sad they hove arrived at a polit of such ine dim
etimatlon, that one who is fond of the delloa.
else of the table can cearcely go into their store
without purb~huiag. Their prices are in striot a~
cordance with t.e tImei, and we advise our friends
to pay them a cell ad examine their goods. Or.
dere from the ountry promptly attended to, and
goods delivered In any part of the city free of
a PLAtrr & Cc.' Puac Lmr or Thca.-Memars.
J. W. Plat & Co. advertise a large list of floe toss
in another ceuamn this morning, to which we direct
the attention of our readers. Bouying their teas
through their agent In laew Yerk, who boys upon
the moeesedvategeous terms, they can afford to
ftarnish their customers with the chbolcest qualities
at much price that will1make it to their Interest to
call and examine their toes before purchelng
elsewhere. Their large and spacious store is at
the corner of Camp an;l Poydre streets.
P. G. TArcLos's xm.-Mee-sr. Taylor &
Churchill & Co., wholesale dealers ain hardwareo,
gune, catlers, etc., eoc., advertise a varied a.
mortment of See fre arms, met of whickh have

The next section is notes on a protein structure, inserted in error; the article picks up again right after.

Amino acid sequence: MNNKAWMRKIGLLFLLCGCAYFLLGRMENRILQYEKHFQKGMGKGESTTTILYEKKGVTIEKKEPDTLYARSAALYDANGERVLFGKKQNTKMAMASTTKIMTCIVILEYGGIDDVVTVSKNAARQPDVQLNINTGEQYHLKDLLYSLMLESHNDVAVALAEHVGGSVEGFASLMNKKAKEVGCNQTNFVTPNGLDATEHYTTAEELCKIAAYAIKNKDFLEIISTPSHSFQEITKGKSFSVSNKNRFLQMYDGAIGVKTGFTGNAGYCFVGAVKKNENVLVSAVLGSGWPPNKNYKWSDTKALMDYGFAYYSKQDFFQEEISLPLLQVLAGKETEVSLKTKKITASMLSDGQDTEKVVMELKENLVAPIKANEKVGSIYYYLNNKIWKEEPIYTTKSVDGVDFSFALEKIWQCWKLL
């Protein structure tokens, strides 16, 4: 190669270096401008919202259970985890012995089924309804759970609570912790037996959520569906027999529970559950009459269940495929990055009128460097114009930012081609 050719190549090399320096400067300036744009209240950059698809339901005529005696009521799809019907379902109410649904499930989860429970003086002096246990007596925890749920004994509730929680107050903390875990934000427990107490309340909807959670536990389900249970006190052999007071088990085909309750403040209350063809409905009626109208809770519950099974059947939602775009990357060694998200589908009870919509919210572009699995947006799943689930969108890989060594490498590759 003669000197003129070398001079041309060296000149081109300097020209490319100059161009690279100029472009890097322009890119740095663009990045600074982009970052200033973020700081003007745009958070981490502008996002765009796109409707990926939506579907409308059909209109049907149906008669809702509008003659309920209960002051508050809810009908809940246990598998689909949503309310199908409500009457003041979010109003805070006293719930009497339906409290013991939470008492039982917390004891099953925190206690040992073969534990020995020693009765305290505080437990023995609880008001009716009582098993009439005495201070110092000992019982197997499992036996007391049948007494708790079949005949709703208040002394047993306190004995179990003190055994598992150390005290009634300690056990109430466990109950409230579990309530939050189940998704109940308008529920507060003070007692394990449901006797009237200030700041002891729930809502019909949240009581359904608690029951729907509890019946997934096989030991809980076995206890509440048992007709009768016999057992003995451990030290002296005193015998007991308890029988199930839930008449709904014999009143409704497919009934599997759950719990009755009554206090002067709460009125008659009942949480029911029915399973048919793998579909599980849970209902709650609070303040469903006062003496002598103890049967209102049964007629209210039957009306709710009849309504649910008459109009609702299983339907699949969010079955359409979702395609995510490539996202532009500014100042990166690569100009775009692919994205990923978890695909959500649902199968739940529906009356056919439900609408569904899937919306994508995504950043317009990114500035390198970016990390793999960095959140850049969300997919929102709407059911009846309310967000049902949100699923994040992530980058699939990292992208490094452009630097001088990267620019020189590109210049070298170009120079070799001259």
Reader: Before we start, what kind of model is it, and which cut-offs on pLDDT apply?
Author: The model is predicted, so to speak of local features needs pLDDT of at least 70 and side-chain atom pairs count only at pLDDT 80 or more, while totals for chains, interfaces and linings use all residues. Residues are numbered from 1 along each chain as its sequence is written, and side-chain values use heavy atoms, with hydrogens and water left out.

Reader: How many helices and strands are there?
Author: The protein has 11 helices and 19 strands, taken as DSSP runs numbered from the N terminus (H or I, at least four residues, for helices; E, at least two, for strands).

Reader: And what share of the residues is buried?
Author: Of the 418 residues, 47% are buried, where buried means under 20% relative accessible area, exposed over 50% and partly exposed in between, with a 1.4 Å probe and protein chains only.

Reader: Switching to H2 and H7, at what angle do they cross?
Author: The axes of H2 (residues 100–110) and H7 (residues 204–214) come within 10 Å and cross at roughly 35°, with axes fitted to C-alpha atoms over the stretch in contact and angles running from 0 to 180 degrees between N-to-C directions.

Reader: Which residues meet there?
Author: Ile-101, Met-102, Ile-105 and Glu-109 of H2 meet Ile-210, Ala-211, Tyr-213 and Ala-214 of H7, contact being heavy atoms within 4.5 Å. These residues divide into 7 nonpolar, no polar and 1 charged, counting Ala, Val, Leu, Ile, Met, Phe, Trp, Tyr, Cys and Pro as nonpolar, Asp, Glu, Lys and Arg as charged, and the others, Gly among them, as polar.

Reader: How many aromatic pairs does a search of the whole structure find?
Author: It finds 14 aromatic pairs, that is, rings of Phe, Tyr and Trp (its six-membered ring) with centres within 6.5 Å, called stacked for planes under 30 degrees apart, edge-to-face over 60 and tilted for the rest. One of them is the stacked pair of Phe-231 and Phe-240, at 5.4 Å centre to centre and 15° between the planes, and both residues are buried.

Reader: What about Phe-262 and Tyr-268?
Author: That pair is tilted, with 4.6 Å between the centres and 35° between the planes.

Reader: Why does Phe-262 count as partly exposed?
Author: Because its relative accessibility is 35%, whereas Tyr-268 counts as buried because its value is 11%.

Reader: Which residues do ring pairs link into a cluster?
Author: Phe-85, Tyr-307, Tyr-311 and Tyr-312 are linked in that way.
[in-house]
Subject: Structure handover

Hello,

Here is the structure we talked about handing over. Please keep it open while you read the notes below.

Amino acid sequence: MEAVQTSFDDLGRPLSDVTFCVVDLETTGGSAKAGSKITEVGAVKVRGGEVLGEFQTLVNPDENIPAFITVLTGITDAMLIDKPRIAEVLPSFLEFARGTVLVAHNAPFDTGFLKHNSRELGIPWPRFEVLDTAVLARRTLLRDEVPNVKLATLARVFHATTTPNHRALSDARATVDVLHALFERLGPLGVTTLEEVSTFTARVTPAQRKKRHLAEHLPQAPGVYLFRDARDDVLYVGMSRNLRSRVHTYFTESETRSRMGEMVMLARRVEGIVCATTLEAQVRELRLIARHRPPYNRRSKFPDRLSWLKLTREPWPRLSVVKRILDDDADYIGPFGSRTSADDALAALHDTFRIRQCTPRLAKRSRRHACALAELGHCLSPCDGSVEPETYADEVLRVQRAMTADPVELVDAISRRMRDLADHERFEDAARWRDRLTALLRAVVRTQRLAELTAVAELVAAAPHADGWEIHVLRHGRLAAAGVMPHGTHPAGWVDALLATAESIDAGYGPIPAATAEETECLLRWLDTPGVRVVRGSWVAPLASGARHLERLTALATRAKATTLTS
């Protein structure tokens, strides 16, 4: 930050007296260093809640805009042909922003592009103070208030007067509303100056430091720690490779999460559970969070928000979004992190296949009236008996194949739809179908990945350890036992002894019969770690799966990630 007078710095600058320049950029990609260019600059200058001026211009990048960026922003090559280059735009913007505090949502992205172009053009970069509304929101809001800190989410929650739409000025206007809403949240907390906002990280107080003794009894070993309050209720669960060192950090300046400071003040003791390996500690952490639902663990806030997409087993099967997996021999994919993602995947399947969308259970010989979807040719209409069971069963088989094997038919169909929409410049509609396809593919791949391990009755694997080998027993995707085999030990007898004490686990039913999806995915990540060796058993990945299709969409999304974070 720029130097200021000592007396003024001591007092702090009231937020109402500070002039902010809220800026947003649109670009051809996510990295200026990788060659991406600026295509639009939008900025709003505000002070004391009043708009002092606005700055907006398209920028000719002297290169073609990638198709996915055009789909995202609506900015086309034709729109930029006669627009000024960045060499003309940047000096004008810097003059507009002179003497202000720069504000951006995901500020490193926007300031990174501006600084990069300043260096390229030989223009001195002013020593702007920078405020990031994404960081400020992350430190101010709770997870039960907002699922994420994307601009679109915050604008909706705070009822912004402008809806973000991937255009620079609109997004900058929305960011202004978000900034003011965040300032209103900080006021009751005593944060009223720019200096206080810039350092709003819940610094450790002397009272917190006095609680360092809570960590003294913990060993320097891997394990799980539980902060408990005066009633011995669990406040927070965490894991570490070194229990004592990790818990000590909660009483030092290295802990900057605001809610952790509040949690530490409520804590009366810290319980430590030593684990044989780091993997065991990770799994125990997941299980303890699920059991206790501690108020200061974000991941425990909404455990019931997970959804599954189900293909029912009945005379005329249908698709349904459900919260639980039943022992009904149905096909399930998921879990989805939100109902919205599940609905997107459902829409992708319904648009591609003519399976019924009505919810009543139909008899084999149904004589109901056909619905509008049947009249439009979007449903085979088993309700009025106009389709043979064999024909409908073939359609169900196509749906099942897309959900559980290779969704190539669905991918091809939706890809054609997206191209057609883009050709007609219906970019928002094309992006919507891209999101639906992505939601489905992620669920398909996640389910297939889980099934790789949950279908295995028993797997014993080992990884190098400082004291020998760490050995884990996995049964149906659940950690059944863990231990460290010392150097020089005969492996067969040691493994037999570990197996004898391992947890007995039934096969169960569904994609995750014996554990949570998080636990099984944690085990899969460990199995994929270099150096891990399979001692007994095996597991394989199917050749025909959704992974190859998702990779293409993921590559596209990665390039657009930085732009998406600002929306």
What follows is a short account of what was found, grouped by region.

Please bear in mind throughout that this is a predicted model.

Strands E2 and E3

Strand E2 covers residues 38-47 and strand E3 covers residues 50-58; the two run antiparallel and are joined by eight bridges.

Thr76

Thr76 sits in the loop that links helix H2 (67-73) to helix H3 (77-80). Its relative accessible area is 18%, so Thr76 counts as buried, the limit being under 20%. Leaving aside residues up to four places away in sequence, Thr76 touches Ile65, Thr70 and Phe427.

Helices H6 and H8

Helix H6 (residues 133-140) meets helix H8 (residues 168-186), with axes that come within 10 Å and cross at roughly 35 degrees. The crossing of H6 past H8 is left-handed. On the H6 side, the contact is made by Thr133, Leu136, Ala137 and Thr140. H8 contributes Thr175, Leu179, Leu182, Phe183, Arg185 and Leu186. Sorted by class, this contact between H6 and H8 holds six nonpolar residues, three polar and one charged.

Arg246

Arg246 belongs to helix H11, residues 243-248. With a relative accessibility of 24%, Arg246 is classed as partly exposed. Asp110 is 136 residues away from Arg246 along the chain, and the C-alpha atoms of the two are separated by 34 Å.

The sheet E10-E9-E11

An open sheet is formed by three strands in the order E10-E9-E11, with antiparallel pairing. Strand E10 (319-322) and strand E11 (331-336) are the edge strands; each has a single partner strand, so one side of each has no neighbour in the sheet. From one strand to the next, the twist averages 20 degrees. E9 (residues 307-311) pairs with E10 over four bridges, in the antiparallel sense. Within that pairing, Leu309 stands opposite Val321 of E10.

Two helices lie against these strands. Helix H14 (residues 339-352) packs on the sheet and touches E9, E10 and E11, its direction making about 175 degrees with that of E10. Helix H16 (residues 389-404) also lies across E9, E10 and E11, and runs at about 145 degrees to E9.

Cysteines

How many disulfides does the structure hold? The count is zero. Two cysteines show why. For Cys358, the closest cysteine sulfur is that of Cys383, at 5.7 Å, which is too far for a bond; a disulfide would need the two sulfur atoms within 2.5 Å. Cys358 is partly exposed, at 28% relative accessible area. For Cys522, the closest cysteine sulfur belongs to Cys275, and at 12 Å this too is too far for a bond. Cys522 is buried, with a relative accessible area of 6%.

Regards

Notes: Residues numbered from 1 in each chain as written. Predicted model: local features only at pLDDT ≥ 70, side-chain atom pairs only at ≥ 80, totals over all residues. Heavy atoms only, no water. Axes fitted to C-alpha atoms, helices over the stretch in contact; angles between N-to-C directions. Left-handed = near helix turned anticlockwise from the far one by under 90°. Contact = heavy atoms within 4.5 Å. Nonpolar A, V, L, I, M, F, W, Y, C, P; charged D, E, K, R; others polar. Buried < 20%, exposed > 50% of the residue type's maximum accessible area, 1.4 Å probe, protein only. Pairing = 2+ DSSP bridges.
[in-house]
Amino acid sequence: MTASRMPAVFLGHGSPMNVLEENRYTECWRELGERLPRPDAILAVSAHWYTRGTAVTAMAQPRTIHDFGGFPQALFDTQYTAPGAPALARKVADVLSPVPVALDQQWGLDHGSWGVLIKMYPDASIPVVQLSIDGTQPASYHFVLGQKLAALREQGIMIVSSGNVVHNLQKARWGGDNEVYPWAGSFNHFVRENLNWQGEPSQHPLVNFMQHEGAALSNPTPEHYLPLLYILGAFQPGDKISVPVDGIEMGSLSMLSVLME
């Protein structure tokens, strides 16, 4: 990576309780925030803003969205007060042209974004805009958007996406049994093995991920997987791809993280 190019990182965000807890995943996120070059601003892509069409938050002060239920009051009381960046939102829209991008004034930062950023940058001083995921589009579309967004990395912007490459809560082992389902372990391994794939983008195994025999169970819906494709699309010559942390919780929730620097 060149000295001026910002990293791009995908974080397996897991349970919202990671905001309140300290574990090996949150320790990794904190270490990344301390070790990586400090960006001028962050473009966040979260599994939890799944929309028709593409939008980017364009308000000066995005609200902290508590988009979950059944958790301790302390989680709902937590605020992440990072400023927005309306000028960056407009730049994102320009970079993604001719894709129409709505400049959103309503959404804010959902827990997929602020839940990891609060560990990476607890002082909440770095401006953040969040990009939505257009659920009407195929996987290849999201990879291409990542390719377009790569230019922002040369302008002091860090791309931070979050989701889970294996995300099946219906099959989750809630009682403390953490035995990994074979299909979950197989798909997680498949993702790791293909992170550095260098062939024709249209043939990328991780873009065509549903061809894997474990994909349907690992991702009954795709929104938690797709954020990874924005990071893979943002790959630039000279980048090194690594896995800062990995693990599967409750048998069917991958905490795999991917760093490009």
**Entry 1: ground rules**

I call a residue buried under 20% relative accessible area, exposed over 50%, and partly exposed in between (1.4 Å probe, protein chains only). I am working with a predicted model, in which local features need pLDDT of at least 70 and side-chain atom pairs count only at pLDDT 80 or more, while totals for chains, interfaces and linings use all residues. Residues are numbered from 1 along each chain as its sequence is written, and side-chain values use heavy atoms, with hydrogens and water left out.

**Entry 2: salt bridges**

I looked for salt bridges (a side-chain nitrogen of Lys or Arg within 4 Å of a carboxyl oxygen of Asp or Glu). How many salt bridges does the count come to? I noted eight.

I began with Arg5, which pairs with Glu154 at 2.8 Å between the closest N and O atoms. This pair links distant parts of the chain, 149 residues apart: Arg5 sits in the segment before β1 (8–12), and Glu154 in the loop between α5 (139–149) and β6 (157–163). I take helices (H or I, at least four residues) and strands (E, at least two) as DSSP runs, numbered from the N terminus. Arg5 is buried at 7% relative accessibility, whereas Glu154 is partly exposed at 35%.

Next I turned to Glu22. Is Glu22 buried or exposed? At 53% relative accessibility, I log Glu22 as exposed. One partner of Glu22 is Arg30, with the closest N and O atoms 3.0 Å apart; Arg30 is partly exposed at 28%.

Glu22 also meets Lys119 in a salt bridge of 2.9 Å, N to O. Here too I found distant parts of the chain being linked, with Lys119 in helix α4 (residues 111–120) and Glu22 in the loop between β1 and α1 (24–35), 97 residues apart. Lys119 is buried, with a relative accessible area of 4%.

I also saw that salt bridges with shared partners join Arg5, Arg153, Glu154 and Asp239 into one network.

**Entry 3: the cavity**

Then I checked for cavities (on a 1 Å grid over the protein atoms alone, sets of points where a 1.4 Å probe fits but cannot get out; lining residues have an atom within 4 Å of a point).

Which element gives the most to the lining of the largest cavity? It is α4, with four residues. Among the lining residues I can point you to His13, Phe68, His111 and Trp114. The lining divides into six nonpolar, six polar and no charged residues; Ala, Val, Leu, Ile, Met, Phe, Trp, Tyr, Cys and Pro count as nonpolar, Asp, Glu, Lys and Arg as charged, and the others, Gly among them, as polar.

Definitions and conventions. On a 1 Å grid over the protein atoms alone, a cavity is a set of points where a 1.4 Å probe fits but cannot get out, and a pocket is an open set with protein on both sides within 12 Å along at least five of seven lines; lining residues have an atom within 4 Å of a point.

taken the first premium for ealoleey of make anad
flnsh. They also have a large ianvoloe of P. G.
Taylor's celebrated ala. Theme ae. are manu
fcetured by the lbougls manofeturidng company,
and are considered eqa, if notsupuerlor, to Bem'l
Collins'. Their prce. are the lowest maske
rates. Read their advertimemat.
Facr Goonse Ilesuma.l.-Woe advise oaut
lady reades of thek faqt l Mr. Jamem Byback,
Me. I~ and 149 Casl atrt, will open on Ket
nyq leeenect co with his choea and elegant
U to ihecy goods a largo ad moet desrable
easmeat of dry good.. Thi eatire stock has
beam eleoted by Mr. Rybtuk In person, and he as
E a that a more beautl variety b never
bs bemaght to thie rwarket. prices are I
secordence with the tmem. *Give im a earli
call uad seene hbie eoat.
Do Tm.--Why tis Phaloa's Dior de Mayo, the
new perfuame for t headLkereshlef, Uto an errand
boy ? Baeause it is snt verywherl , Bold bh